Although this is our final volume of Pied Piper material, it is almost certainly not the end of the history of this short-lived but influential company. It features more exciting tape finds, and there is even a little-known Pied Piper record from King Louie’s Court. No doubt more tapes and acetates will emerge over time, and if so we’ll endeavour to include them on appropriate future collections.
The story of the Joe Douglas and Yvonne Baker Philly productions has yet to be fully revealed; if only some more witnesses would come forward. Our alternate version of Douglas’ ‘Crazy Things’ remains a mystery. Jack Ashford can’t remember who is singing on this original take but he is certain he only ever cut it on one artist; the backing track may have been recycled without his knowledge for the Douglas 45.
Likewise, the story behind Rose Batiste’s ‘This Heart Is Lonely’ is still shrouded in the mists of uncertainty. Here we feature the sumptuous backing track to the vocal we released on our first Pied Piper collection. We have kept some of the girly vocals from Telma Hopkins and Joyce Vincent to differentiate it from the plain instrumental backing track issued two years later as ‘Bari Track’, oddly as by a white singer called Doni Burdick. That 45 became a Northern Soul monster in 70s England but is presented here in its purest form from the original 1965 multi-track tape, now titled ‘The Bari Sax’ in tribute to the great saxophonist Mike Terry.
Willie Kendrick gives us first takes of ‘American Dollar’ and ‘Watch Yourself (She’s Fooling You)’, unknown tracks until featured on our “Rare Collectable And Soulful” CDs in the 90s. The most exciting find is Lorraine Chandler’s ‘Ease My Mind’, a previously undocumented Pied Piper song and recording found languishing in Jack’s Just Production tapes. The alternate early version of Lorraine’s ‘She Don’t Want You’ sounds terrific too. The Hesitations and Freddie Butler tracks are taken from their Kapp LPs and demonstrate that Pied Piper was more than just a dance label. Reggie Alexander’s Boss label rarity ‘It’s Better’ was very popular in the UK throughout the 80s and 90s, while September Jones’ sumptuous ‘I’m With You’ makes its digital debut after sneaking out on vinyl in France a few years ago.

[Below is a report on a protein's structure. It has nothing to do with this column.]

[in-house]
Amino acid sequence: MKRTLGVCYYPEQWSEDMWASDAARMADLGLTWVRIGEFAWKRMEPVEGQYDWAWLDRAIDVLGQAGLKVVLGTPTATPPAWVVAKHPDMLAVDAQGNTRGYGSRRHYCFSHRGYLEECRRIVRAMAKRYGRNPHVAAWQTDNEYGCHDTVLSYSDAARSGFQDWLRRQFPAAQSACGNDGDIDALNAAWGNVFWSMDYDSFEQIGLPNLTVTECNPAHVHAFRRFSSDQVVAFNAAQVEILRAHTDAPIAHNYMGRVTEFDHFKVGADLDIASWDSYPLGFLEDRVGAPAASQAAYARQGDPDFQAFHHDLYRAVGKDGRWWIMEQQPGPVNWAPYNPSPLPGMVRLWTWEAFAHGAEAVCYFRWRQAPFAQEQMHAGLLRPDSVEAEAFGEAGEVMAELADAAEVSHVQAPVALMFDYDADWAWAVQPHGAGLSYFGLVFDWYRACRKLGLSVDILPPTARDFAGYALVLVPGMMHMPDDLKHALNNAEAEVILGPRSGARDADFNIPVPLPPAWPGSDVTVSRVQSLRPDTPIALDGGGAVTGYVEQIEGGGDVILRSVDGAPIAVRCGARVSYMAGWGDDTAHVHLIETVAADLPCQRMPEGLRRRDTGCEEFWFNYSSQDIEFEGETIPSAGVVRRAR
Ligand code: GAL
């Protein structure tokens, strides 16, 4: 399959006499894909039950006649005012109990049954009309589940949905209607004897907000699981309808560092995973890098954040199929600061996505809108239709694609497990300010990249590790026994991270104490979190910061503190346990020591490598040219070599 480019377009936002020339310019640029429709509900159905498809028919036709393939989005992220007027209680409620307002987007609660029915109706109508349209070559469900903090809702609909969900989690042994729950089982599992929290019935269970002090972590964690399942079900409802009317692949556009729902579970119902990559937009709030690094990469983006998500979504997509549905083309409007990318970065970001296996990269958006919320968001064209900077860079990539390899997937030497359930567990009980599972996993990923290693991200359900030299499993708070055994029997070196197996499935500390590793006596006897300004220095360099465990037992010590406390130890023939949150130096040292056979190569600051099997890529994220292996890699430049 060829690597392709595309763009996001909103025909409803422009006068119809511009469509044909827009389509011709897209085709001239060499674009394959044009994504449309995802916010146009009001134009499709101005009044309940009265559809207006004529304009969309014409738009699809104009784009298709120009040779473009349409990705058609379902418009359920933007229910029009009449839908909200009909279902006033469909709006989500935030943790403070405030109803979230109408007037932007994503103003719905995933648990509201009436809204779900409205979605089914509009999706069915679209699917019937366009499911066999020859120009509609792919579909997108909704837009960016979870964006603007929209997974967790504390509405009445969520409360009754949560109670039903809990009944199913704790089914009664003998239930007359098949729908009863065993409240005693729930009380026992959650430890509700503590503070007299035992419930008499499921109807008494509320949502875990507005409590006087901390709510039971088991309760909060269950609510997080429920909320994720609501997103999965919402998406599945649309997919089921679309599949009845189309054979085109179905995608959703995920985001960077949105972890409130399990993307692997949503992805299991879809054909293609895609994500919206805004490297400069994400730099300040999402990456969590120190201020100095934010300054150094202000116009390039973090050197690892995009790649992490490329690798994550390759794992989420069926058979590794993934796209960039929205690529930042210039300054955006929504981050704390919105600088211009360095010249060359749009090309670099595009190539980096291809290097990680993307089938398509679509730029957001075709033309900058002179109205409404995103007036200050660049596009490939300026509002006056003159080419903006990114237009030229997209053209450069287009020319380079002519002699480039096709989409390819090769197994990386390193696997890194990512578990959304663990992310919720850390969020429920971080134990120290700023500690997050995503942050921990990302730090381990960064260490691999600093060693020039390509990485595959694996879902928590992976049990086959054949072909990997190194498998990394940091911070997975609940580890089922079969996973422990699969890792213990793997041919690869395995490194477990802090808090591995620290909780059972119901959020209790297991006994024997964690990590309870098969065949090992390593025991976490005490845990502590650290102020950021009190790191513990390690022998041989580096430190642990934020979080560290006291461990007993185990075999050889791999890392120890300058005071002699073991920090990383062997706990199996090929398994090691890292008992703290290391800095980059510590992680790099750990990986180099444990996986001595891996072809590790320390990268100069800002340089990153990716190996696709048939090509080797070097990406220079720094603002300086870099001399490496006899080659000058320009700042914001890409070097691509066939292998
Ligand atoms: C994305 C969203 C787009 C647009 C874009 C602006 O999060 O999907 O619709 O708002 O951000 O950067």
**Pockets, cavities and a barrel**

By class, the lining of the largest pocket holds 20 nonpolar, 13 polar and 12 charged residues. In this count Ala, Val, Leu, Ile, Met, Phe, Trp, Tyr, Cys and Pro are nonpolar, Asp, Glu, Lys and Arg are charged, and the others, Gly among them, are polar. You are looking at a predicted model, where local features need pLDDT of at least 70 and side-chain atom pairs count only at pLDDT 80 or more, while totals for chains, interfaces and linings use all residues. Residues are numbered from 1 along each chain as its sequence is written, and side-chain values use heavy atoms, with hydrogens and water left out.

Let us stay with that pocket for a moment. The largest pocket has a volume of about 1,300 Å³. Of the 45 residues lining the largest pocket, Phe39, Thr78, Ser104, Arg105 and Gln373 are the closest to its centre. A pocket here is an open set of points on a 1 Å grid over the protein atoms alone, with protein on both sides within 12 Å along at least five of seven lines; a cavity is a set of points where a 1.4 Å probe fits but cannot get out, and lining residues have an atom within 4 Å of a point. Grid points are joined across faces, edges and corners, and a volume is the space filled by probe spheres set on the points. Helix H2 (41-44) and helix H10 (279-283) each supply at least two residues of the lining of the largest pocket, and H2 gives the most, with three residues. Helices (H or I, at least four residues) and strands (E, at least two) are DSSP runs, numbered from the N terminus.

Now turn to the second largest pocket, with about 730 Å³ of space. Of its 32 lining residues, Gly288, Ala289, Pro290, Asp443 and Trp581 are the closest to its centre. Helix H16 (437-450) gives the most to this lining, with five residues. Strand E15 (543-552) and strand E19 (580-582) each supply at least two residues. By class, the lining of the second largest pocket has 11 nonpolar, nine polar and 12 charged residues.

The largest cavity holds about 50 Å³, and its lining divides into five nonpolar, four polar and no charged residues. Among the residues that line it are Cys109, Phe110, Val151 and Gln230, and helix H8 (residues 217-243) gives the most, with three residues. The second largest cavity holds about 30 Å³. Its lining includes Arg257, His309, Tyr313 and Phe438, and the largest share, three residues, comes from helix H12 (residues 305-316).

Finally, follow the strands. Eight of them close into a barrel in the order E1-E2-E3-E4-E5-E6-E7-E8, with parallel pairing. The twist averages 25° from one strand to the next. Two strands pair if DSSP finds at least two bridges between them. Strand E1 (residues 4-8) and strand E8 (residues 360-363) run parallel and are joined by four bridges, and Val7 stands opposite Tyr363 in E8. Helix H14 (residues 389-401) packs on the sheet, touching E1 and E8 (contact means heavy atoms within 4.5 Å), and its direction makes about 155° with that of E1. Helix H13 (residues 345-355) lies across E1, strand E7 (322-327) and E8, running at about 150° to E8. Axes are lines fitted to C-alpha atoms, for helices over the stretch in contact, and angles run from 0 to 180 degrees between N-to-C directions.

The Metros’ excellent ‘No Baby’ is the only one of their RCA recordings to never have been on CD before and their superb ballad ‘Sweetest One’ was their only R&B hit. The musicians get their turn with instrumentals of ‘What Can I Do’, ‘I’d Like To Know’ and ‘Love Will Find A Way’, demonstrating their immense musical skills. Nancy Wilcox’s ‘Gambler’s Blues’ comes from recently unearthed mastertape for the first time and the Cavaliers’ ‘We Go Together’ is the first digital release for the compelling rap-intro version. Finally, two more productions, belatedly released on Sport and Boss in 1967/8 by the Four Sonics and the Persians, wrap up the Pied Piper musical journey shortly before Just Productions was launched.
This is a high quality ending to a fascinating story of Detroit soul talent making music that transcended all but Hitsville and connected with UK soul fans like no other.